Consider the fellow who popped off at a town-hall meeting hosted by U.S. Sen. Ben Cardin (D-MD). The questioner was opposed to health-care reform because of a possible public option. With all of the fraud we have now in Medicare, he said, how much fraud would we have with a larger public program?
The questioner seemed to be a supporter of private insurance. But it apparently never occurred to him that a large portion of Medicare fraud is committed by private businesses, including insurance companies.
First of all, the Obama administration has started a major crackdown on Medicare fraud as part of its plans to reform health care. And much of that fraud is driven by the private sector. Consider this report from the Miami Herald:
On Friday, FBI agents arrested eight Miami-Dade residents on charges of bilking Medicare for $22 million by charging for nurses to treat mostly homebound diabetic patients--many of whom didn't have the disease or didn't receive the services.
FBI and HHS agents raided the suspects' two Miami-Dade businesses, ABC Home Health Care and Florida Home Health Care Providers, while prosecutors froze their bank accounts.
The prosecutions follow Medicare's suspension of billing privileges for 10 Miami-Dade home healthcare agencies that charged more than $100 million for suspicious services to treat homebound diabetic patients -- including false claims for nurses injecting their insulin shots twice a day.
Now consider the record of private insurers when it comes to Medicare fraud. Two employees at a Blue Cross/Blue Shield subsidiary in South Carolina recently received prison sentences for their roles in a fraud scheme.
The Blue Cross Blue Shield Association (BCBSA) has a long history of fighting health-care reform--and its affiliates have a long history of health-care fraud.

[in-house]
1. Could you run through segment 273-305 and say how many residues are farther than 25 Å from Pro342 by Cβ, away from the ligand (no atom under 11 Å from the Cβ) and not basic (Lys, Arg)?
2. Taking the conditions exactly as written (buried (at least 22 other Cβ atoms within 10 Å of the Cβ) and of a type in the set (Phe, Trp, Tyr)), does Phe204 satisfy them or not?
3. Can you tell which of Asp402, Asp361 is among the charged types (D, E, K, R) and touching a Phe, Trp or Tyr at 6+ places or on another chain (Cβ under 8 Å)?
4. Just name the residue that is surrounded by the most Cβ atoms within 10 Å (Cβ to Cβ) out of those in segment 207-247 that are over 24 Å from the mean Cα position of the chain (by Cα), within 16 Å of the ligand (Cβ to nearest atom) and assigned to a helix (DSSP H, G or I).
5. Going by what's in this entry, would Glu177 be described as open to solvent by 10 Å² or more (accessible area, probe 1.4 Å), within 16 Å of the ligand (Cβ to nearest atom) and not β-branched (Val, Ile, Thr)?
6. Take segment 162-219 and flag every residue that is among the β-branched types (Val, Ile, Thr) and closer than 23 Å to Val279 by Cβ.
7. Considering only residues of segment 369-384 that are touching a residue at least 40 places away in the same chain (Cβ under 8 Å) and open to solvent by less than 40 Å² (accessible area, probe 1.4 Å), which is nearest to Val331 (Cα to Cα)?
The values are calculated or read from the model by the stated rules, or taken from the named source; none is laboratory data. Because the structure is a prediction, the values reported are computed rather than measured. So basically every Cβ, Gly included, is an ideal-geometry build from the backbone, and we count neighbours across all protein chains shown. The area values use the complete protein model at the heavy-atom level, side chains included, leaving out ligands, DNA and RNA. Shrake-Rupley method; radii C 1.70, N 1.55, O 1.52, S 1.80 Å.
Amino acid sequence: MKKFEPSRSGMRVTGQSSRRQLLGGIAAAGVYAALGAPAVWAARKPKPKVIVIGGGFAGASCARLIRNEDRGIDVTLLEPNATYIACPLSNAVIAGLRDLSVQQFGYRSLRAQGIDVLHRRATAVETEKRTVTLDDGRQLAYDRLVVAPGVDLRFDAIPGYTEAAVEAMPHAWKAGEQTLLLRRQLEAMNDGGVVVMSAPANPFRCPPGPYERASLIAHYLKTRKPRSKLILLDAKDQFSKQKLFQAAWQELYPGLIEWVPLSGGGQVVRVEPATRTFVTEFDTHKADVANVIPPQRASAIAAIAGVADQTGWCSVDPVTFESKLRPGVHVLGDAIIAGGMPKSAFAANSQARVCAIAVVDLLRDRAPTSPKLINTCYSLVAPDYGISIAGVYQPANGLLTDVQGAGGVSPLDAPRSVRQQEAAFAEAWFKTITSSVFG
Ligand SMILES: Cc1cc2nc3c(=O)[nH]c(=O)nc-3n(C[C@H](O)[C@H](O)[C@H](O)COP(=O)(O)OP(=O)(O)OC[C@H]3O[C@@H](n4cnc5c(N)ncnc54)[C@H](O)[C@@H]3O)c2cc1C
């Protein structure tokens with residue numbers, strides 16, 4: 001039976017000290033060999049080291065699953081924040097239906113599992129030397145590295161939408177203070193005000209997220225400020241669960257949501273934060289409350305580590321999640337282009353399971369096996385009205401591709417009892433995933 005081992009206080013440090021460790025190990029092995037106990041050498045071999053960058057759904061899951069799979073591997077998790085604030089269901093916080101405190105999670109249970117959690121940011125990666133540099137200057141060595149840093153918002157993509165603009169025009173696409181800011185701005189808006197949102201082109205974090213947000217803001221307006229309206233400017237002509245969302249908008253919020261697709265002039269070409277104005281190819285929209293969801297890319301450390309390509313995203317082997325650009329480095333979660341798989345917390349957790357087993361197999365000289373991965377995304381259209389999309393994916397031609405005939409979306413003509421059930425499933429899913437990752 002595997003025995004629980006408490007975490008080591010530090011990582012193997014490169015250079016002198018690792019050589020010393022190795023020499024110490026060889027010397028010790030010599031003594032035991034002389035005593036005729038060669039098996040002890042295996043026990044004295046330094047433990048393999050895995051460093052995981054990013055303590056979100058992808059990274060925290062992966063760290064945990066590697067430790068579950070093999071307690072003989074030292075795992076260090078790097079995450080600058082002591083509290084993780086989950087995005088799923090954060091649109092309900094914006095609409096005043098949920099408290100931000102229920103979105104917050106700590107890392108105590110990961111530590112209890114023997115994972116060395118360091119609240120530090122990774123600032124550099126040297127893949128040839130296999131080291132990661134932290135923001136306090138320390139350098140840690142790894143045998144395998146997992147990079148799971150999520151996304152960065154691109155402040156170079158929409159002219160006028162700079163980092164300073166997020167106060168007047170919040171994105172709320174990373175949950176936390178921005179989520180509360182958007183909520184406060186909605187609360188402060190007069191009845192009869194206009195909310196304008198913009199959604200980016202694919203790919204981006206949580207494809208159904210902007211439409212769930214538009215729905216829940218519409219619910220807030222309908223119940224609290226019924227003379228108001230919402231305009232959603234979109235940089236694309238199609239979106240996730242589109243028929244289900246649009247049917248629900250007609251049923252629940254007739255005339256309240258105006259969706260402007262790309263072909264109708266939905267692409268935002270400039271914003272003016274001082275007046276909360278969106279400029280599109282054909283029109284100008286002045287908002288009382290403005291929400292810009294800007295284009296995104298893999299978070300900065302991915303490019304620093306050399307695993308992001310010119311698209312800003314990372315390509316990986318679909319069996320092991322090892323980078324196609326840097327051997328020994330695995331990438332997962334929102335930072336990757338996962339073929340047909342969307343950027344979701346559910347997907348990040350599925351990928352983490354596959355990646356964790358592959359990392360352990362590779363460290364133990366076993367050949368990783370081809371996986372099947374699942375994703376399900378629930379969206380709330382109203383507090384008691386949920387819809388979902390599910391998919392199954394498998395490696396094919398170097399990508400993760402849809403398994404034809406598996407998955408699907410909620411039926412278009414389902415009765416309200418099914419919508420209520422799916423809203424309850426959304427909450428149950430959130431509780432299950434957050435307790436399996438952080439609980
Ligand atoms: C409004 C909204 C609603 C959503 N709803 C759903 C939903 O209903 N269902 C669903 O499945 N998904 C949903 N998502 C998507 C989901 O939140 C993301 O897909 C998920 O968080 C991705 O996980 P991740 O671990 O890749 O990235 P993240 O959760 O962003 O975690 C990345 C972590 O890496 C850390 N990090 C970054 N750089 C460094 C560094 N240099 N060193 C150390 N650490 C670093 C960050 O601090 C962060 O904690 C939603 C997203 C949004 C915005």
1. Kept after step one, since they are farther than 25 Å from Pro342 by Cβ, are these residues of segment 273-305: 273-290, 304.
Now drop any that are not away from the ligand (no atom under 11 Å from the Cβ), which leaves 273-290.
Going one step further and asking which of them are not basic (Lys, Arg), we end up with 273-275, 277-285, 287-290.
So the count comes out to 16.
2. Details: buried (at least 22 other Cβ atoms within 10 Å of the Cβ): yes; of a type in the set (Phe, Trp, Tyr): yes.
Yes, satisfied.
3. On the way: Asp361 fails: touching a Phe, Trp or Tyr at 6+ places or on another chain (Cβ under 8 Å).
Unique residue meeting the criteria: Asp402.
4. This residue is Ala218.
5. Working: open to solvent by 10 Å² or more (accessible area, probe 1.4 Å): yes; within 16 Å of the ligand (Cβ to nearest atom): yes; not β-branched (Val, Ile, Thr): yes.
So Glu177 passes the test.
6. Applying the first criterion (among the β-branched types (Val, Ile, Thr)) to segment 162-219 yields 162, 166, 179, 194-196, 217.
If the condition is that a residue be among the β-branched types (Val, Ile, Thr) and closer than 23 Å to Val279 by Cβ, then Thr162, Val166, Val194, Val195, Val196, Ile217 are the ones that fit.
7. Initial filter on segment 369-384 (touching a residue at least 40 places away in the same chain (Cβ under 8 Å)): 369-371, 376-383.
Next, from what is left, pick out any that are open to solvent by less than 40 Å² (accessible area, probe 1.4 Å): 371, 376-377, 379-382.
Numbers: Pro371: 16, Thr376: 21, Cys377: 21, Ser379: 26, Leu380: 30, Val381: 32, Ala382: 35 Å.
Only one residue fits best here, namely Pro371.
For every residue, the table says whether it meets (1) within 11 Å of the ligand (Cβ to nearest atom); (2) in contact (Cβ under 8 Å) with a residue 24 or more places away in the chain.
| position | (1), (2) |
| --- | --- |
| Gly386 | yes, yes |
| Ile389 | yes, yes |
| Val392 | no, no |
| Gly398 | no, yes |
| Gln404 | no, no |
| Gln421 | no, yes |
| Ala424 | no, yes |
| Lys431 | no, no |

Consider this 1999 Government Accounting Office (GAO) report titled "Improprieties by Contractors Compromised Medicare Program Integrity." And who are those Medicare contractors? BCBSA affiliates, including Blue Cross and Blue Shield of Alabama, are among them.
What did the report find? Here is part of the summary:
Since 1993, criminal and/or civil actions have been taken against at least six Medicare contractors resulting from their performance under Medicare contracts. The alleged contractor activities addressed in those actions occurred during the calendar years 1984 through 1997. With respect to three of the six contractors--BCBS of Illinois, Blue Shield of California, and Pennsylvania Blue Shield--the contractors and/or some of their employees pled guilty to various criminal charges and agreed to pay criminal fines and/or civil penalties. Investigations of the three other contractors--BCBS of Massachusetts, BCBS of Michigan, and BCBS of Florida--resulted in civil settlements only. A total of over $261 million was assessed in criminal and civil penalties against these six contractors.
What kind of shenanigans were the "Blues" up to? The report gives examples:
1. improperly screened, processed, and paid claims, resulting in additional costs to the Medicare program;